“Many civilians are now on the run,” he added. “Many others are being trapped and killed. Life means nothing here. It’s so cheap and valueless.”

Will: Obama ‘Making Up ISIS Policy Press Conference to Press Conference’


“Much has been made about the president’s reliance on a teleprompter, and today we saw, in all seriousness, one reason why,” says columnist George Will: “He’s not that good when he’s winging it, and it’s very hard to be good when you’re making up a policy as you go along from press conference to press conference.”

“‘Degrade,’ ‘destroy,’ ‘roll back,’ and ‘shrink.’ When you promise, as he’s done, to do a lot and also promise to do a little, you’re going to succeed one way or another,” Will said. Then again, Will is skeptical about what the U.S. can or cares to do about the threat from the Islamic State: “It’s a basic principle of politics: If you will an end, you have to will the means to that end, and I don’t see that we’re ready to do that yet.”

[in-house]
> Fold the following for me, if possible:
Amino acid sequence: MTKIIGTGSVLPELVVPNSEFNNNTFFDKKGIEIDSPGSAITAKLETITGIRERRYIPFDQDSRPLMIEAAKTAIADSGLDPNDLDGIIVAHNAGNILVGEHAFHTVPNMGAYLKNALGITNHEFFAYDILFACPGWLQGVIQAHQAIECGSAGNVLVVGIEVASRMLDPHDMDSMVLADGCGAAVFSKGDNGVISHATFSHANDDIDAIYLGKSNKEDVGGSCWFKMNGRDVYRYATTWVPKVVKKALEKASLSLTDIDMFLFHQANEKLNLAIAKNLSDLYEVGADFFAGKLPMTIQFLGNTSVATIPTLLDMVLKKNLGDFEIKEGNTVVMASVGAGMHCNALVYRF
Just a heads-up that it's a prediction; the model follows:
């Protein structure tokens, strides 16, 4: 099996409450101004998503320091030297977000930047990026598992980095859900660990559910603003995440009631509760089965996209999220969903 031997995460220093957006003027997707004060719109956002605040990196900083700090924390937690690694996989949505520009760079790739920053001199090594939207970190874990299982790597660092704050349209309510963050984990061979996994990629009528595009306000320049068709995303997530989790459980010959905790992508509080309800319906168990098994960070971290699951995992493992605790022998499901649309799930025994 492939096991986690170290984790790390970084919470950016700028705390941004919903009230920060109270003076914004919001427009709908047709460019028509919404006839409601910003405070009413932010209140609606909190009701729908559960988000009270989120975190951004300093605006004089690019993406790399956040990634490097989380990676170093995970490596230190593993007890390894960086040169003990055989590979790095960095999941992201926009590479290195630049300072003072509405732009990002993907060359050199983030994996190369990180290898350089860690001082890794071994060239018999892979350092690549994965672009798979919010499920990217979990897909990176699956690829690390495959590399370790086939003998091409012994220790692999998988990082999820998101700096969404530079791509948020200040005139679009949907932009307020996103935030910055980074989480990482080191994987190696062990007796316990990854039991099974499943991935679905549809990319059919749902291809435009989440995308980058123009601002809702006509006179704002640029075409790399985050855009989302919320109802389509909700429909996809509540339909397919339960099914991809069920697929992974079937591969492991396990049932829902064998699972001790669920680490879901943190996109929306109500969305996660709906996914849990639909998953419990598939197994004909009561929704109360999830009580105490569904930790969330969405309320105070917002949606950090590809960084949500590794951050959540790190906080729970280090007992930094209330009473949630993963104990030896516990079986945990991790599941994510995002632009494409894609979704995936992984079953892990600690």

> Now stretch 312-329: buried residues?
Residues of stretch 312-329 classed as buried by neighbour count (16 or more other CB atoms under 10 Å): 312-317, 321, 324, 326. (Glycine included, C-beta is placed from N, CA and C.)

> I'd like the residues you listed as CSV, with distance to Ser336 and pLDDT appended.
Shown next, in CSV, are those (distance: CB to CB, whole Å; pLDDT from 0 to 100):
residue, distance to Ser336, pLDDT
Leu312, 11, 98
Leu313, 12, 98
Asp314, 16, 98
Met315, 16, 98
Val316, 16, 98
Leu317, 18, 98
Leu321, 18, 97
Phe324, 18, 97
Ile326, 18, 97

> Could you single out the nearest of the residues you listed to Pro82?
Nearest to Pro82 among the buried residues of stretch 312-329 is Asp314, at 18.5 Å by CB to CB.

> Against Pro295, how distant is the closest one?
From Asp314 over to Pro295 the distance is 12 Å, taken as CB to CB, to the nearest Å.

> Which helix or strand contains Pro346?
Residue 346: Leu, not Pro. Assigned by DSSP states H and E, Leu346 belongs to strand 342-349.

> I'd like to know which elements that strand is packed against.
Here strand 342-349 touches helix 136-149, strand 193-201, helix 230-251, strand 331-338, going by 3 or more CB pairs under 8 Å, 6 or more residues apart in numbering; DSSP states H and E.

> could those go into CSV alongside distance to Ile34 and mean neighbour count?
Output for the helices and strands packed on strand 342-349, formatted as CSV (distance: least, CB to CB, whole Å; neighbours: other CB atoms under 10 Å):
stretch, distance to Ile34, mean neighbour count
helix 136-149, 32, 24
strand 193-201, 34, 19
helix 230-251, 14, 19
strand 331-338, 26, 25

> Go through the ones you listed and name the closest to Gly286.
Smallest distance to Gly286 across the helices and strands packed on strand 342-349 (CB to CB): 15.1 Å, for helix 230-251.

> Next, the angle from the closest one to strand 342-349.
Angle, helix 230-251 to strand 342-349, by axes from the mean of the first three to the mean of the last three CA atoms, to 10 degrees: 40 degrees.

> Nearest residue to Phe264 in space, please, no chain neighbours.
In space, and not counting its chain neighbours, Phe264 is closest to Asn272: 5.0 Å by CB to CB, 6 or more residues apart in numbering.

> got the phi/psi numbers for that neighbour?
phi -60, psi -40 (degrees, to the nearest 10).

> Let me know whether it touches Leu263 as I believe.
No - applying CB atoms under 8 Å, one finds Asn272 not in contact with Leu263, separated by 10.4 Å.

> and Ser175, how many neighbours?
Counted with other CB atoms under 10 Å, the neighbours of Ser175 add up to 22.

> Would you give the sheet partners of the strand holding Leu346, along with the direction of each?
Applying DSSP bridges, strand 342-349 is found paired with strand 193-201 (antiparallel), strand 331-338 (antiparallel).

Krauthammer’s Take: ‘The President Doesn’t Even Know His Own Mind’


“We thought a week ago [President Obama] didn’t have a strategy,” says Charles Krauthammer. “Now we know that he doesn’t even have an objective.” That is Dr. K’s takeaway from the president’s morning press conference, at which the president both pledged to defeat the Islamic State and suggested he’d be fine with degrading it to where it was merely “manageable.”

“He doesn’t know if [his objective] is to destroy or containment,” Krauthammer said.

Last week the president blamed the Pentagon for his inaction because “he wanted to blame it on somebody else the way he blames everything on somebody else,” Krauthammer said on Special Report. “So he says I don’t have options from the Pentagon. Obviously he did. The problem is he hasn’t chosen.”

More worrisome than the fact that “the president doesn’t even know his own mind,” though, says Krauthammer, is the revelation that forces in Kurdistan “are not receiving heavy weapons from the United States despite assurances a few weeks ago that we had changed our policy. . . . Because of ridiculous legalisms we have to route this through Baghdad knowing, a) that Baghdad is not going to send it up to Kurdistan, and that, b) Baghdad is likely to lose it, and it’s going to end up in the hands of ISIS.”

Jeb Bush Headed to Chicago for Rauner as Illinois Governor’s Race Might Be Tightening


Republican businessman Bruce Rauner has held a steady lead over incumbent Illinois governor Pat Quinn for most of this campaign season, but now the race seems to be tightening a bit.